From Socrates to Lipman: Making philosophy relevant

In Daniel Shepherd & Robert Fisher (eds.), Creative engagements: Thinking with children, Vol. 31: A volume of the 'At the Interface' project. Oxford, UK: pp. 25–31 (2005)

Gilbert Burgh
University of Queensland
There is a widespread view that philosophical thinking has no application to matters pertaining to the ‘real world’. It follows from such reasoning that if the purpose of education is to prepare students for the real world, then philosophy has no place in schools or university courses, and by implication in everyday life. One of the aims of this paper is to illustrate that the reasoning behind this view is mistaken. The ability to think critically and creatively through philosophical inquiry provides an intellectual context for study and discussion of issues related to all areas of study. But the introduction of philosophy into the classroom is not without its critics. This paper, therefore, explores a major accusation aimed at philosophy, i.e., that it is necessarily adversarial. The final section of the paper argues that Matthew Lipman’s approach to philosophical inquiry offers much to remedy the more adversarial and limiting elements of the Western philosophical tradition. It is clear that we should not simply aim to reproduce traditional methods of doing philosophy in the classroom. The community of inquiry is an illustration of a positive direction in respect to participation, relatedness and relevance to those involved.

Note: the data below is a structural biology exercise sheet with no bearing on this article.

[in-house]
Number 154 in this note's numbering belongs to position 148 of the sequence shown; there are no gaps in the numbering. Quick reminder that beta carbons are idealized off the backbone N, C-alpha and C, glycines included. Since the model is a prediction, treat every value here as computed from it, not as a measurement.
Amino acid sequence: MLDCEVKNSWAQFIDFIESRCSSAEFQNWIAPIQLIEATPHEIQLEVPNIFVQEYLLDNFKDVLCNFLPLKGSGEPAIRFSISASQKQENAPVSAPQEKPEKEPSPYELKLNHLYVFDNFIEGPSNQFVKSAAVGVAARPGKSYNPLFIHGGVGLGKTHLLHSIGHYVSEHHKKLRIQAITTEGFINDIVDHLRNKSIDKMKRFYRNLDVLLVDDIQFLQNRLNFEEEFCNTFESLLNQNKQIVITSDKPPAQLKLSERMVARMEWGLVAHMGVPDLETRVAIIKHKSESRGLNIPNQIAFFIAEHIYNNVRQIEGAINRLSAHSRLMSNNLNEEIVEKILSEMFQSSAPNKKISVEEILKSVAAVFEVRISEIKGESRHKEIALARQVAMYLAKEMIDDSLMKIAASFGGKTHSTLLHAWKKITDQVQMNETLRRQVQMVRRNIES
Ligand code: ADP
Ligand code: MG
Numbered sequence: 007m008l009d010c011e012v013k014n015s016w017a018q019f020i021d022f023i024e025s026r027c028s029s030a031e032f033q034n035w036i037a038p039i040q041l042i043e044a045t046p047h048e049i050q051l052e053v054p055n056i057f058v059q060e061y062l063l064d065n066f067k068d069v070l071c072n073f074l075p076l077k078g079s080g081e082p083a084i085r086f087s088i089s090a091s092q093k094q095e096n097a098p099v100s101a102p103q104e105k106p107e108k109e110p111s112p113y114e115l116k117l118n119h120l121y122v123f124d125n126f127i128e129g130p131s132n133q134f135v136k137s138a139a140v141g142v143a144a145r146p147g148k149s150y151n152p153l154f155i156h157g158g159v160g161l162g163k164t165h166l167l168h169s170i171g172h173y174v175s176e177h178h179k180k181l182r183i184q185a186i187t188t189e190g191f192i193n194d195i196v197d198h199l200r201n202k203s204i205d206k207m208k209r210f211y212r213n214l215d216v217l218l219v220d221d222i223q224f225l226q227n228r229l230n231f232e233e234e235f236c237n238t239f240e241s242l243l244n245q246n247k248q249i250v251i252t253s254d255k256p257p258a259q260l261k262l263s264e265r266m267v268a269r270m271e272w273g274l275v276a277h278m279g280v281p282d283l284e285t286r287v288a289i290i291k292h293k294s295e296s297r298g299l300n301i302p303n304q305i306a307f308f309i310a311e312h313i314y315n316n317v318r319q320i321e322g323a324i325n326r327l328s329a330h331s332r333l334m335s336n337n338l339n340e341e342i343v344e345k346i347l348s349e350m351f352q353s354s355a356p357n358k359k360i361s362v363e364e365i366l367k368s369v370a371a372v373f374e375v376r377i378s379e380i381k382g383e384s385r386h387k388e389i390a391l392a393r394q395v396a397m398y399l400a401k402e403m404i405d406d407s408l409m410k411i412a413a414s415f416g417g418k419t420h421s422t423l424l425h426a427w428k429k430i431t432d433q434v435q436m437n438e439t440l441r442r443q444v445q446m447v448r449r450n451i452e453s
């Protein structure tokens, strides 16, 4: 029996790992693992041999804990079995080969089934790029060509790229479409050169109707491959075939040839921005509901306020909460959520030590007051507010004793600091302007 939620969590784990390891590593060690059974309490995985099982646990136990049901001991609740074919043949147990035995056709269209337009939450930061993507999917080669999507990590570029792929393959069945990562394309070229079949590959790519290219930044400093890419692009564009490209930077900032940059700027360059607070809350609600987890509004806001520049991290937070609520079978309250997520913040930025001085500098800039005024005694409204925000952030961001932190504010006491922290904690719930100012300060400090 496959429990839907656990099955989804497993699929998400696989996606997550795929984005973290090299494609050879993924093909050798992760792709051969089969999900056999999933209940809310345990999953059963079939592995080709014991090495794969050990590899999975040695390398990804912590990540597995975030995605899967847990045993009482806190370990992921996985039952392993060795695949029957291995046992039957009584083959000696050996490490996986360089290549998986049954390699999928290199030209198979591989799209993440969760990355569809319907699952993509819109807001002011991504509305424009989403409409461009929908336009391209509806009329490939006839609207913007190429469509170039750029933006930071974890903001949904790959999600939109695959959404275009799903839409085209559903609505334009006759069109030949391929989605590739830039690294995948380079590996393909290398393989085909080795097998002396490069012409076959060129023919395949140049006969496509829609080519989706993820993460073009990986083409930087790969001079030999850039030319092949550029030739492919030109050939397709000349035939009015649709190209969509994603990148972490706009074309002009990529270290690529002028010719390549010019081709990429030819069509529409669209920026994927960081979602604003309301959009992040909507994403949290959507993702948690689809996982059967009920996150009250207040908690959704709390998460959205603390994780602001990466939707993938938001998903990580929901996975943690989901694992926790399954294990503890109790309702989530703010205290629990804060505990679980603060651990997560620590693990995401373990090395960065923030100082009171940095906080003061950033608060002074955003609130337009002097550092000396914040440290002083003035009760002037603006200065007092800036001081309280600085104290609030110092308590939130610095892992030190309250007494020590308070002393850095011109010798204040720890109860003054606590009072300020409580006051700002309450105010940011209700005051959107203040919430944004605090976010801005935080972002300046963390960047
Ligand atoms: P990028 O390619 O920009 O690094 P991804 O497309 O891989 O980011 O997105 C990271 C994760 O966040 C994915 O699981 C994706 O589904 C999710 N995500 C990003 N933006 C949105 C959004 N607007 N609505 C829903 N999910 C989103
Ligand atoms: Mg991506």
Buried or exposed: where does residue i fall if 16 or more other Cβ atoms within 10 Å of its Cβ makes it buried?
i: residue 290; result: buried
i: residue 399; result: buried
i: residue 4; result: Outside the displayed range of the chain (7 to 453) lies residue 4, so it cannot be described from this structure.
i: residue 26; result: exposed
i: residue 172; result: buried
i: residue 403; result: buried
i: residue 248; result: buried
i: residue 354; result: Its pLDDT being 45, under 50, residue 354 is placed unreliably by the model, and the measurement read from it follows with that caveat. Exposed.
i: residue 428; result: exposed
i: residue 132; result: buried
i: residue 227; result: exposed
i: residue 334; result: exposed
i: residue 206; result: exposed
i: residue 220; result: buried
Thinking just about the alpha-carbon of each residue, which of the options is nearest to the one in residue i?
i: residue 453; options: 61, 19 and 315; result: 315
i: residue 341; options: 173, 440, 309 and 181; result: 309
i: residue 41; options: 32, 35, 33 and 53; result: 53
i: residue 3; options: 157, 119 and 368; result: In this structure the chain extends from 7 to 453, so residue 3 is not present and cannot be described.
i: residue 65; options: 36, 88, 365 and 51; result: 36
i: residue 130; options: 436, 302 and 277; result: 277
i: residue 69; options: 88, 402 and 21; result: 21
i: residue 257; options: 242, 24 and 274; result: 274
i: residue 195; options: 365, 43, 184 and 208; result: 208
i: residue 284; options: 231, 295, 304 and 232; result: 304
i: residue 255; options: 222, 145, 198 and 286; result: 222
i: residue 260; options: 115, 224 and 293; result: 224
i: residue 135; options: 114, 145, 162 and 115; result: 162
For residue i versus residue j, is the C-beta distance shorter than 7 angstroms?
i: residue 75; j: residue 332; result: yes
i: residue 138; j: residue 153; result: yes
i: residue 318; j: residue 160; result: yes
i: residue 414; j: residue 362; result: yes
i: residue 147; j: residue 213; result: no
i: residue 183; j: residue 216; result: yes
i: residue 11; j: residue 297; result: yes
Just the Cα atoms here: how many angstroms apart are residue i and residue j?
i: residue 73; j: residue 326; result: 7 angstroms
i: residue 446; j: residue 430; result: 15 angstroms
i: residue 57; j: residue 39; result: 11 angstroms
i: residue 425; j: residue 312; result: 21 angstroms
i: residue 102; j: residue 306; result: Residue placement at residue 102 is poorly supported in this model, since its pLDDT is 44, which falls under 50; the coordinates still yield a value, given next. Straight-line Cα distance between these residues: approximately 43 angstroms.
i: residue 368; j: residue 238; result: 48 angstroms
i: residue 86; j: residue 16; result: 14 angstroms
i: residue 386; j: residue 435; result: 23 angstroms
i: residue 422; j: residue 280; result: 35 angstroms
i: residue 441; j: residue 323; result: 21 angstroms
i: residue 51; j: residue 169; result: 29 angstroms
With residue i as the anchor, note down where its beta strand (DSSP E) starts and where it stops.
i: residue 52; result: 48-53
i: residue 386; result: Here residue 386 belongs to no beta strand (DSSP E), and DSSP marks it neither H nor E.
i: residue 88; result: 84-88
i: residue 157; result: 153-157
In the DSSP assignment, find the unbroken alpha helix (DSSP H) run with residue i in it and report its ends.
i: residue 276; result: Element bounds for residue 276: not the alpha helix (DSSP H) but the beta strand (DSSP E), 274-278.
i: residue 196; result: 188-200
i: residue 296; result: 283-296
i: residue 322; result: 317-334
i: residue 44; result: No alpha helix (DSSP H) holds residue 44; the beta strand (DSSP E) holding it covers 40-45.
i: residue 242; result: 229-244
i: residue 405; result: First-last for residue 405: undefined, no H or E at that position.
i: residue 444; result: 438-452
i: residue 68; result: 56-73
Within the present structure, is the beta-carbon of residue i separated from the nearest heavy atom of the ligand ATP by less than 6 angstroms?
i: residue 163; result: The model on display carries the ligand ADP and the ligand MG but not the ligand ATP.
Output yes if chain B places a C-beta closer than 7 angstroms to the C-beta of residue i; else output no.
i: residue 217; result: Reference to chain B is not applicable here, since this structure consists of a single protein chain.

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Engagement as Dialogue: Camus, Pragmatism and Constructivist Pedagogy.Gilbert Burgh & Simone Thornton - 2015 - Education as Philosophies of Engagement, 44th Annual Conference of the Philosophy of Education Society of Australasia, Kingsgate Hotel, Hamilton, New Zealand, 22–25 November 2014.

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